I spent an hour or so yesterday morning walking around our five acres with my camera to record the state of things as this year draws to a close. The weather here in central North Carolina has been alarmingly warm and we are struggling with moderate drought. However, a bit of rain fell the previous day, and gloom persisted yesterday as rain fell to our south. Winter, the forecasters say, will return on the second day of the new year, shocking plants, animals, and humans alike, I imagine.
The warm spell has been a gift to our winter vegetable garden. In past years, I have kept them tented all winter beneath row covers to protect them from freezing temperatures. Severe cold will turn the greens and broccoli to mush, but beneath row covers, lows into the mid-20s for a few hours do the veggies no lasting harm. This latest warm spell has been so prolonged that I’ve been able to remove the row covers to give the veggies access to full sun. I even gave them all a dose of fish emulsion/seaweed mix this week. Winter fertilizing is not something I am usually able to manage, because I don’t want to expose them to prolonged cold.
We harvested several heads of broccoli — I’m trying Emerald Crown this year — which we will be enjoying with tonight’s dinner. Broccoli doesn’t do well here as a spring crop anymore. The days warm up too quickly. But winter’s chill sweetens them as they grow beneath their row covers. The row covers also protect them from cabbage moth caterpillar damage without the need for any pest control substances.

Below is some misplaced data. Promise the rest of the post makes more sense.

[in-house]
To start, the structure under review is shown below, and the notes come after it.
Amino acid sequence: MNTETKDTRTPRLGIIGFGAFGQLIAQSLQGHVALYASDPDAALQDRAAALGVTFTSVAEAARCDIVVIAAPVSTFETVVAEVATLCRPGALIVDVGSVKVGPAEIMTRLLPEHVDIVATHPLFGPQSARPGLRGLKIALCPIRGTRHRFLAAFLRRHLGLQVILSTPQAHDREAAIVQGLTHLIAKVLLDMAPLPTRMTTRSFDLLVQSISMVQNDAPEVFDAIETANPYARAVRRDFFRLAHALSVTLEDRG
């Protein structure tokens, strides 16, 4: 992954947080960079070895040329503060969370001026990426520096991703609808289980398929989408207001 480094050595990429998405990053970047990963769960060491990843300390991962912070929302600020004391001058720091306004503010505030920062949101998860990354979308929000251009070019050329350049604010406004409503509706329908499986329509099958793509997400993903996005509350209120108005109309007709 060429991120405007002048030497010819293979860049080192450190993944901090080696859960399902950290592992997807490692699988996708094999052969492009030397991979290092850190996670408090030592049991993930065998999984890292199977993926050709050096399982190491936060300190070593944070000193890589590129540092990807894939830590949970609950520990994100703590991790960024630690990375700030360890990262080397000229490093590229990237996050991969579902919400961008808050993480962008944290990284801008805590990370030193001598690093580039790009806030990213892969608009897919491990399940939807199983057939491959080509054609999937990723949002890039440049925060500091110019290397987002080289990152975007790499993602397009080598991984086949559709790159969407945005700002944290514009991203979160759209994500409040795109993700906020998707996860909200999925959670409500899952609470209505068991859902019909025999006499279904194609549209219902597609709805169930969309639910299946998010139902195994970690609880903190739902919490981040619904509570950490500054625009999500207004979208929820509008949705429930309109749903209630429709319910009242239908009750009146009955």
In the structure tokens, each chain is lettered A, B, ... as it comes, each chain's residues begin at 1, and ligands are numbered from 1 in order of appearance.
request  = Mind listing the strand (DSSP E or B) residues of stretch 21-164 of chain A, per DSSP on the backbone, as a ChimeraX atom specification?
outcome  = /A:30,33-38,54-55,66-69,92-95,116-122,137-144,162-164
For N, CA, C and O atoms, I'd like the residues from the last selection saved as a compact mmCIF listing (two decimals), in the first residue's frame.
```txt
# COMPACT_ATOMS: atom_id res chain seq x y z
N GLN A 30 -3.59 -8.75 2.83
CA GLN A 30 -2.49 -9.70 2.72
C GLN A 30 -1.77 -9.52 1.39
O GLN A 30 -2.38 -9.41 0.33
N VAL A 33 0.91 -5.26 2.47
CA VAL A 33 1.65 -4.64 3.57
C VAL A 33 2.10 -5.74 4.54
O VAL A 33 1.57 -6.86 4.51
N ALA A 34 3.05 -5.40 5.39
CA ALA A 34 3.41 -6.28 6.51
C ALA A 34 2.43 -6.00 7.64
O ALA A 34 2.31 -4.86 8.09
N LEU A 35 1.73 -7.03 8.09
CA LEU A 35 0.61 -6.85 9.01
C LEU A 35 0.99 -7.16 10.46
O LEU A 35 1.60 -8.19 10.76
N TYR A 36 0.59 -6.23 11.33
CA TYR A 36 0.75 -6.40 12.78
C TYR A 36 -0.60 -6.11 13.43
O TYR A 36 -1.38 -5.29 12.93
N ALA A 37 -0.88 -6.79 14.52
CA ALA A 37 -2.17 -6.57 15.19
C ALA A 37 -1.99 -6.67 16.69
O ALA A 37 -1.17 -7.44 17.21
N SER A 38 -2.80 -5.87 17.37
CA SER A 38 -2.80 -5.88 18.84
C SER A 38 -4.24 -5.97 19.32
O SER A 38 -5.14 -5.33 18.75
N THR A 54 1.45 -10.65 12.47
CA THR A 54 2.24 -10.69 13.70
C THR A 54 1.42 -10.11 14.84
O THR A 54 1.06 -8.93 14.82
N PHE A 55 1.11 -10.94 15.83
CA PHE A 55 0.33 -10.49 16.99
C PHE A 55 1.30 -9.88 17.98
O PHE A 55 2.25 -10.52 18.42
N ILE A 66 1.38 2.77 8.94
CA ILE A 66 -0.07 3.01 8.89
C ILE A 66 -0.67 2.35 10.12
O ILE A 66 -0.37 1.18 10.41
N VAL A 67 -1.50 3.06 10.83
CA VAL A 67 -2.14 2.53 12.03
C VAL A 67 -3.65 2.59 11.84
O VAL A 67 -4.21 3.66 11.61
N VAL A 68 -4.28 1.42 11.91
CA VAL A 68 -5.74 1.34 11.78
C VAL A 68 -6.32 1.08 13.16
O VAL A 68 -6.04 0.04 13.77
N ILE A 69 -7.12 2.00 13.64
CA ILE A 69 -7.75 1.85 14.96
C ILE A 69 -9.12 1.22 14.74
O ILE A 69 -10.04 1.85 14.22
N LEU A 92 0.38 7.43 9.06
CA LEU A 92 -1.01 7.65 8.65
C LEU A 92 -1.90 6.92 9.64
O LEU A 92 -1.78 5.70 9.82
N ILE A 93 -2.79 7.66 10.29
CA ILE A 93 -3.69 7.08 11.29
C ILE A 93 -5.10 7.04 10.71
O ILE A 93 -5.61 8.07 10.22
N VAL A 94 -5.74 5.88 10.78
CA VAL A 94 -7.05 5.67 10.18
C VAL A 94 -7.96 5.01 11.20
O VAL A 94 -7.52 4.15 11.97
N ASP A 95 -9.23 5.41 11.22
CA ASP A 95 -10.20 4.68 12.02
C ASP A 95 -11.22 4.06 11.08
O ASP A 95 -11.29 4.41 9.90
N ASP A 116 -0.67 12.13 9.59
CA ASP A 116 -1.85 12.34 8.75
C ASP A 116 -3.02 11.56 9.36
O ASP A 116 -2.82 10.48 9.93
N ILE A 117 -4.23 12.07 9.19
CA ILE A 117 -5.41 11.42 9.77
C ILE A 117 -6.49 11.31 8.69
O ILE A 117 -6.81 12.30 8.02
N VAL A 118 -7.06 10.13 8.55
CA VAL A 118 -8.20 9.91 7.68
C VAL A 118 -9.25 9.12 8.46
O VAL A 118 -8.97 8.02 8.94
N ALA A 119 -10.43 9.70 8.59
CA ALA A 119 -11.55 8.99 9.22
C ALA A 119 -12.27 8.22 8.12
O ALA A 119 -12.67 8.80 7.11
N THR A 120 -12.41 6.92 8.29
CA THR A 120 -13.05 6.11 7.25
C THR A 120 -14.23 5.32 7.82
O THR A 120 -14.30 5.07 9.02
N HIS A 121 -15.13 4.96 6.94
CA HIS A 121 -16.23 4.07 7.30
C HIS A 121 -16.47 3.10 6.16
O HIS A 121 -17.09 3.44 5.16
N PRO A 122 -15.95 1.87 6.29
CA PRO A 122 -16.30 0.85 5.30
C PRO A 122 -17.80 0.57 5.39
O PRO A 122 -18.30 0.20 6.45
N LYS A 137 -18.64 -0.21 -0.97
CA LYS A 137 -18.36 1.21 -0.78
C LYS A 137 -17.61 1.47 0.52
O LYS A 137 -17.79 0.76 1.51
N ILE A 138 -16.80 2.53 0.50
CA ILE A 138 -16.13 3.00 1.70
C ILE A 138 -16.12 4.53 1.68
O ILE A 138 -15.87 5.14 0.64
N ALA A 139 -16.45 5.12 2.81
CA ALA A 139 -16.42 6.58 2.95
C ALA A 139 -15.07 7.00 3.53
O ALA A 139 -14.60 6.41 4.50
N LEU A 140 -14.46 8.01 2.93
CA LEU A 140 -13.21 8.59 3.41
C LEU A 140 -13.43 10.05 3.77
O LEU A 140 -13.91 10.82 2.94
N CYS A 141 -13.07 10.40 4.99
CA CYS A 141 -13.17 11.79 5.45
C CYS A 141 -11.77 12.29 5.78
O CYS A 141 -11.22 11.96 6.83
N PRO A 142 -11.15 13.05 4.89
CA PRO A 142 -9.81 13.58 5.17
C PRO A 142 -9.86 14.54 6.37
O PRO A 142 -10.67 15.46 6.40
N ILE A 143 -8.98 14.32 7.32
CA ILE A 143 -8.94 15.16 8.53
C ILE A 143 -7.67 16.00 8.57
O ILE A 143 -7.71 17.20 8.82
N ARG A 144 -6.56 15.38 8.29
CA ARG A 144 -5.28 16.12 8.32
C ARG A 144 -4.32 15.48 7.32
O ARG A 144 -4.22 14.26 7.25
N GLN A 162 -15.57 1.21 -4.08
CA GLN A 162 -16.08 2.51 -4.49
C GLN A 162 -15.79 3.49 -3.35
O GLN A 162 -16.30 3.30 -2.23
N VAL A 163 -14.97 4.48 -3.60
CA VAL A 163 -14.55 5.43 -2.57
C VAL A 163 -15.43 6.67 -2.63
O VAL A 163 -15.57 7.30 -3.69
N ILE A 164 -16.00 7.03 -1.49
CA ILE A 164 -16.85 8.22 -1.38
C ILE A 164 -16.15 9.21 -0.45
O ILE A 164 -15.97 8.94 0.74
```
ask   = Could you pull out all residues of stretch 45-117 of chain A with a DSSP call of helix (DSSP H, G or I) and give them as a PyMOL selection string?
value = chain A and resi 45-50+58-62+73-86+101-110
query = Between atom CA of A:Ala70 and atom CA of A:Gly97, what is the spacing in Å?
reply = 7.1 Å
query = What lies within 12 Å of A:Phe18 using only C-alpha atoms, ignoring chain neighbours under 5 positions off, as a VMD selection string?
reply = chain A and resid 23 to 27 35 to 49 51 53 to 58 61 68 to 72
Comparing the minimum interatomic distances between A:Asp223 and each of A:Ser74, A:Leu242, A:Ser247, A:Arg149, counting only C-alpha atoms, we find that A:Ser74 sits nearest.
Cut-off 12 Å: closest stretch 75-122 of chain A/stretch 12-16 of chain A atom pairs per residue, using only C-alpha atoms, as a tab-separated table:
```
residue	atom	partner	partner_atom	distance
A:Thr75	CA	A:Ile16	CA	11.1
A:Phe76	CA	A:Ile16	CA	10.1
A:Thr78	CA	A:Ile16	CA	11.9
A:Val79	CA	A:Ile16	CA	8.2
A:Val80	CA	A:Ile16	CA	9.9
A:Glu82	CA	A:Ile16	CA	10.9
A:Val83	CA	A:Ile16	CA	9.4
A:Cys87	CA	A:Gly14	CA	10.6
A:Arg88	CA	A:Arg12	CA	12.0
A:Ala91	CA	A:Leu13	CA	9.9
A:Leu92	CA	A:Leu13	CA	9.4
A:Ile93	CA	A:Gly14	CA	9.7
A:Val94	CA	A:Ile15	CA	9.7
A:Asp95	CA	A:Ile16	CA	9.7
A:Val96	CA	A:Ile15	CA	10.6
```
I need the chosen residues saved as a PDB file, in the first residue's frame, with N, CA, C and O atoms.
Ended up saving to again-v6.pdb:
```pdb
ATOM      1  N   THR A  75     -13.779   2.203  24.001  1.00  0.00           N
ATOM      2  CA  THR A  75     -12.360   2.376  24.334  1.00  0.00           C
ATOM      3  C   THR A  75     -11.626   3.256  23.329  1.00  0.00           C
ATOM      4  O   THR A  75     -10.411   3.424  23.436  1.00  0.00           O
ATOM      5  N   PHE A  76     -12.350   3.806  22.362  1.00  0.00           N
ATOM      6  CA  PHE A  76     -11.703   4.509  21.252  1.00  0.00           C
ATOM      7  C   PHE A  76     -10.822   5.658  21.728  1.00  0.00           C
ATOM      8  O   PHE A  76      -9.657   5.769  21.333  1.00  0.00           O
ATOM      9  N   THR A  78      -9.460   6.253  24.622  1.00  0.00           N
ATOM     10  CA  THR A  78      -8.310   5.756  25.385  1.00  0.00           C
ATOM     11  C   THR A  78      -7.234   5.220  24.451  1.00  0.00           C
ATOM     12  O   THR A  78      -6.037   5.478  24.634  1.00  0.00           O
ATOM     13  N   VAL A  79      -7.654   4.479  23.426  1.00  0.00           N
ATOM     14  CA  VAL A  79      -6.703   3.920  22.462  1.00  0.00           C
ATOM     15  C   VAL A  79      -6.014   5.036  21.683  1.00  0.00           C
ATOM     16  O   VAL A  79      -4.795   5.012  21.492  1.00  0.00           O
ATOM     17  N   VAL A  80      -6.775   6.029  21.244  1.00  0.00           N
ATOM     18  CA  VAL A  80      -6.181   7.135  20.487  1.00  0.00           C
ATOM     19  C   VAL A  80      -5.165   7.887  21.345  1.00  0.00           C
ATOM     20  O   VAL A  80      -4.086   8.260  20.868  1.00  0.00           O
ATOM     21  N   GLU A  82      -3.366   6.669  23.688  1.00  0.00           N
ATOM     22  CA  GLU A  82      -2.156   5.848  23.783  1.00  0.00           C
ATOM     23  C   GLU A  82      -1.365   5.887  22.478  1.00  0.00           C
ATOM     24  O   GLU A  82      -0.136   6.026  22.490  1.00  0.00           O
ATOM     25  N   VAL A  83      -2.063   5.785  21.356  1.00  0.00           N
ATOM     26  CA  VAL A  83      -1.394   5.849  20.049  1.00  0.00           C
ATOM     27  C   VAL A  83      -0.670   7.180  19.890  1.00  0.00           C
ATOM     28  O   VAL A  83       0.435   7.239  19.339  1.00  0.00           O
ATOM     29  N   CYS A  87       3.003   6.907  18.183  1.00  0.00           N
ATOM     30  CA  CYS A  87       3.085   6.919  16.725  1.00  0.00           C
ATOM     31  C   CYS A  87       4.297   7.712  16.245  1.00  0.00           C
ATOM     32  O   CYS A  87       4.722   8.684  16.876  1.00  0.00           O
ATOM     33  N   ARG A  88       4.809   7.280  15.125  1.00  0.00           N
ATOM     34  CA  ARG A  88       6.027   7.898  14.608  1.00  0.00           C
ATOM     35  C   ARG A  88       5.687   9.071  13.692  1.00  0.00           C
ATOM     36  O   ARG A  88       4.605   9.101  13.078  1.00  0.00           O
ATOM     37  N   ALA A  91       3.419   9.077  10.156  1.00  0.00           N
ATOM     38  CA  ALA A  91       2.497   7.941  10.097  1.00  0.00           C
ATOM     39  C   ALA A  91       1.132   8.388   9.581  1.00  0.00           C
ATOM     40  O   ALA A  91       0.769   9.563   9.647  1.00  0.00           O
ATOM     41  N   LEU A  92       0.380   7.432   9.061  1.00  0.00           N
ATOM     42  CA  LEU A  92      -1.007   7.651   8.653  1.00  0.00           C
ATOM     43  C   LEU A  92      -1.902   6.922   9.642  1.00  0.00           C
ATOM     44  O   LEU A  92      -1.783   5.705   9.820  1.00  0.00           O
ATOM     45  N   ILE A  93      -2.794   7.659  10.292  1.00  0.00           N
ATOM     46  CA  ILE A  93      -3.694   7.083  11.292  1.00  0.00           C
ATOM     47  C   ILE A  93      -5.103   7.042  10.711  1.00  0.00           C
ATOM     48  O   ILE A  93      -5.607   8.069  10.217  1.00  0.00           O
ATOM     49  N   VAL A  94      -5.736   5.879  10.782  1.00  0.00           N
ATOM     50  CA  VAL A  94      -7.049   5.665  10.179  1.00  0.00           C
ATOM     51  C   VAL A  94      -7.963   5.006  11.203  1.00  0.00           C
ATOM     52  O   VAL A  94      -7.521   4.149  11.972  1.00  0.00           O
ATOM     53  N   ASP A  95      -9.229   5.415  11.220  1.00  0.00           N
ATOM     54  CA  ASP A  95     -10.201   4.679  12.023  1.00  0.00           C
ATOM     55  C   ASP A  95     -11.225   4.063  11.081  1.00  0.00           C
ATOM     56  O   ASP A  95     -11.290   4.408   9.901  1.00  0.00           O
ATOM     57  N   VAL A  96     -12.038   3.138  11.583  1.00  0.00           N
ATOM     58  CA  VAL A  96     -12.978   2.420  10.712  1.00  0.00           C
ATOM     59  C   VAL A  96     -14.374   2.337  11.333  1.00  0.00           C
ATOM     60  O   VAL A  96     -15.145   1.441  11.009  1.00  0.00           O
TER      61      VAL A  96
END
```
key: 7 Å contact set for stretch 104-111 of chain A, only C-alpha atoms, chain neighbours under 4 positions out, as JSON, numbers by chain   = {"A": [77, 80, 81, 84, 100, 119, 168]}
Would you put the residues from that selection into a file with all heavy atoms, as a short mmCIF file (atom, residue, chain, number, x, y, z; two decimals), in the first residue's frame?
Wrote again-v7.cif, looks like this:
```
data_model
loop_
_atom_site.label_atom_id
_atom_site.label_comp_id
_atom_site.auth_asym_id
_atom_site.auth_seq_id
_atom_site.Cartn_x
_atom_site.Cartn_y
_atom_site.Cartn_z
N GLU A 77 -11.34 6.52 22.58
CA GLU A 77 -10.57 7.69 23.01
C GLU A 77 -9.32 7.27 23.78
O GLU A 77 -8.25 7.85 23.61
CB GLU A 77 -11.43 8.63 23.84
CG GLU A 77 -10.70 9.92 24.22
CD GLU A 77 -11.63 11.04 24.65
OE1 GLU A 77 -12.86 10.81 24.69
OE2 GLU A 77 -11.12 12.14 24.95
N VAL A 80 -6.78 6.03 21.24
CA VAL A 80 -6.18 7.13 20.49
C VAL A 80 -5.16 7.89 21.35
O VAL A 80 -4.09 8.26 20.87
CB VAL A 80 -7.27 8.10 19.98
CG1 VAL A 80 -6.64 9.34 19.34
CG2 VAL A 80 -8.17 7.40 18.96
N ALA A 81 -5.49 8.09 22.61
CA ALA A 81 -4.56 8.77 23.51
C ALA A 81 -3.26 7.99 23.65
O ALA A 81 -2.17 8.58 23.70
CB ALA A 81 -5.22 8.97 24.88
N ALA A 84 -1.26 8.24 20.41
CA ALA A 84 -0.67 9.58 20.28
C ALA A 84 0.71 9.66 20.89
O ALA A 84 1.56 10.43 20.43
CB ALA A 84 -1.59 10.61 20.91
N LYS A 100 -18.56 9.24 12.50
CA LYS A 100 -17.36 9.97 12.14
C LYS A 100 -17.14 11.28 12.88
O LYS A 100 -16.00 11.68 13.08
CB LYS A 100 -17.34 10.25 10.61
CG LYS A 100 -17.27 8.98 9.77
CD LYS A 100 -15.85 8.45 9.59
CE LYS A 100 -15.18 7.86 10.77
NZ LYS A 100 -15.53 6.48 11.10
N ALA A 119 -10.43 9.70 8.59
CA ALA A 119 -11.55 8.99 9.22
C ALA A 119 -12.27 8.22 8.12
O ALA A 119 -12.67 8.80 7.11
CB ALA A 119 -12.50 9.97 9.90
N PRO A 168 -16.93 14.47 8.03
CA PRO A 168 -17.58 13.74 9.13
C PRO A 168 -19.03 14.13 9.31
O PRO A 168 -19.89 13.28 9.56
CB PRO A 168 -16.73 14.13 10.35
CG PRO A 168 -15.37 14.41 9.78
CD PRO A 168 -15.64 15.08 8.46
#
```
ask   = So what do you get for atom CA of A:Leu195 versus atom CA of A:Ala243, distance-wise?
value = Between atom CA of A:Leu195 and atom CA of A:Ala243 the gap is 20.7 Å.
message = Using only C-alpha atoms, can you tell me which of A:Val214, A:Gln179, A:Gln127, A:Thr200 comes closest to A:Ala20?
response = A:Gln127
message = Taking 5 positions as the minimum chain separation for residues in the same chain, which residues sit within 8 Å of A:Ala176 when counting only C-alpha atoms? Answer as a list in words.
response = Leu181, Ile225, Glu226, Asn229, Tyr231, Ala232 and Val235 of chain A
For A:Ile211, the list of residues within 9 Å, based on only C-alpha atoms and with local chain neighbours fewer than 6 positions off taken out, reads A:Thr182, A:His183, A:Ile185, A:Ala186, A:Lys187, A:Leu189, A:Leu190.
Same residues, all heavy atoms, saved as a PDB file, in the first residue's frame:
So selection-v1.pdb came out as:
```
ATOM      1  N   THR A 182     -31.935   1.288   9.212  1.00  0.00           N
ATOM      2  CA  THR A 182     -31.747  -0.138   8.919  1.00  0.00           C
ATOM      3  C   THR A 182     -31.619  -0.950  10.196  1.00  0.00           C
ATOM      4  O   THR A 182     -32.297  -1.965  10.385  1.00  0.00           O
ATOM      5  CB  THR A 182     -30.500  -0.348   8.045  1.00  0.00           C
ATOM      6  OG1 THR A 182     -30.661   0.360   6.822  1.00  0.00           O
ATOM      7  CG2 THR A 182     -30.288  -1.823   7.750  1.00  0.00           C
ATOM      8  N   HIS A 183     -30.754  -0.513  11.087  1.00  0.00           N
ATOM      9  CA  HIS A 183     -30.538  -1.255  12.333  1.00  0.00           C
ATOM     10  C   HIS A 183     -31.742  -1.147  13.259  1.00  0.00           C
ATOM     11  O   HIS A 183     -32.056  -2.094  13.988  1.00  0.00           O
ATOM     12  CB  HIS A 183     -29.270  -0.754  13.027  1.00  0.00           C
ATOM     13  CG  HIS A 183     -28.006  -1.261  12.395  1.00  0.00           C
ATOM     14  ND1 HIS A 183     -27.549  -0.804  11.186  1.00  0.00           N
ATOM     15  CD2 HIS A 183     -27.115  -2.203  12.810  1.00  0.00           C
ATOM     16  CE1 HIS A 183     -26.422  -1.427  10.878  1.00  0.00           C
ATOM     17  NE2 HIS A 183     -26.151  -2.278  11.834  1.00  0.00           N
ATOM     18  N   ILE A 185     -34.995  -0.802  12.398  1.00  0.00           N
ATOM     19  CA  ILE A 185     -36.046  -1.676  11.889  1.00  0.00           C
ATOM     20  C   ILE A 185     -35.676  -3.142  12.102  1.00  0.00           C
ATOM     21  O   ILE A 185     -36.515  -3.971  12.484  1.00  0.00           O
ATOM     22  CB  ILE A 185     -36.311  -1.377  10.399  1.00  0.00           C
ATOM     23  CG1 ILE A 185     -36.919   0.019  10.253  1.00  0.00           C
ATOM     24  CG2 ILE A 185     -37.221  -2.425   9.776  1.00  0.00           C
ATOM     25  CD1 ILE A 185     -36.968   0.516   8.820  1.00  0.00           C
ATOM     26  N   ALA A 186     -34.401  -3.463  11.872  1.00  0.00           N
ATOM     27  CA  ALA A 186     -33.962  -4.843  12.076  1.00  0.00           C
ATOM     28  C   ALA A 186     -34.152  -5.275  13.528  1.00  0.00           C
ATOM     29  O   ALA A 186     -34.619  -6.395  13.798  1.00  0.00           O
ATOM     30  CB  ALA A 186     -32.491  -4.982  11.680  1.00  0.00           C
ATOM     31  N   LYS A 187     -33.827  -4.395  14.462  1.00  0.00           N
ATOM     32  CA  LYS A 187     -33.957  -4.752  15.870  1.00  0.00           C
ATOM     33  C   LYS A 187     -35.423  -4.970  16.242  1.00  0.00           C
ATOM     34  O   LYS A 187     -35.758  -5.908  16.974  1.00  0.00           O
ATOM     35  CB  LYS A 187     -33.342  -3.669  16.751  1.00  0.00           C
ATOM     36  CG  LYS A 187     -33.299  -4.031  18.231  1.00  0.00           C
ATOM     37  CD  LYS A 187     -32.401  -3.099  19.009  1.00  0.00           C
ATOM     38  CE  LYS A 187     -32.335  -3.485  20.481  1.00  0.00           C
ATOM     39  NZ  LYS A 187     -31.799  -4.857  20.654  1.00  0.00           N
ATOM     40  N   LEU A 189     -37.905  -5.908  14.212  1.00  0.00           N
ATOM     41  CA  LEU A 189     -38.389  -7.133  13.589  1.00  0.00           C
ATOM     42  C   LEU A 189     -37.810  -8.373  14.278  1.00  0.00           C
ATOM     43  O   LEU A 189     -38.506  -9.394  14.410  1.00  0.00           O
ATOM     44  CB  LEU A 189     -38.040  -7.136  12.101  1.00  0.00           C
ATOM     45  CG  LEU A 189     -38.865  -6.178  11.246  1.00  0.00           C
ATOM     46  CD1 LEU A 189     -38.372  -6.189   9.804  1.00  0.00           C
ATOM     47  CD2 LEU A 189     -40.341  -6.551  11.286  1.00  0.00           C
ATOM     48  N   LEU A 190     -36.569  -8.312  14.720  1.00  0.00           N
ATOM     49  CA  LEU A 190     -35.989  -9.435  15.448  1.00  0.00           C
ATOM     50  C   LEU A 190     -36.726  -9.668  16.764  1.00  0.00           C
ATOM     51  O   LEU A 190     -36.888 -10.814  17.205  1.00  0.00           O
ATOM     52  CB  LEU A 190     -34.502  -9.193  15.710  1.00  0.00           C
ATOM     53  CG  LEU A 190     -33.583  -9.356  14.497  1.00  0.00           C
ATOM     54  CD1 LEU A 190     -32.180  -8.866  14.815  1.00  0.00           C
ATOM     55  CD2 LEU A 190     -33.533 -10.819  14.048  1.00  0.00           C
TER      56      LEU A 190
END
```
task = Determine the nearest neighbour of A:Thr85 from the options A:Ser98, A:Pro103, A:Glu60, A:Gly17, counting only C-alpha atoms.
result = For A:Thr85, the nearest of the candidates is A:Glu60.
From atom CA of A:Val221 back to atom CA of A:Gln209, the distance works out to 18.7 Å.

The greens are all doing great. I’m averaging one salad a week by picking individual leaves. Beet greens provide a bit of zip to the mix of lettuces and spinach. The warm spell accelerated the growth in this bed visibly. I may get two salads out of it next week.
Winter-blooming flowers — all but one non-native — are opening. Pink blooms of one flowering apricot were scenting the air yesterday. Today, the other one also began blooming. I look forward to the perfume from these flowers every year.
January jasmine, which has no fragrance, is also beginning to open its bright yellow flowers that are often mistaken for forsythia. When I leaned in to photograph this flower, I was surprised to find it occupied.
Today, I noticed that my non-native Persian ironwood is beginning to bloom. This tree is in the witch hazel family, and the flowers are not showy, but I have observed honey bees visiting them.
My native witch hazel ‘Amethyst‘ has already begun to bloom. Typically, it waits until middle-to-late January. This shrub insists on holding on to its leaves, but it’s still quite lovely in bloom — and its fresh scent never fails to lift my spirits.
Most of the berry-producing shrubs in our yard have long been picked clean, but the red berries of native deciduous holly and the deep purple berries of native greenbriar vines were still visible when I walked around yesterday.
A few shrubs are still holding on to their autumn-colored leaves, including my native oakleaf hydrangeas. I grow the smaller form, ‘Pee Wee,’ and I recently added a full-sized one, cultivar ‘Alice.’
Dried seed heads of cardinal flower and goldenrod also caught my eye, as did an ever-increasing abundance of bald cypress knees emerging from the muck where three trees I planted three decades ago have now attained heights between 40-50 feet.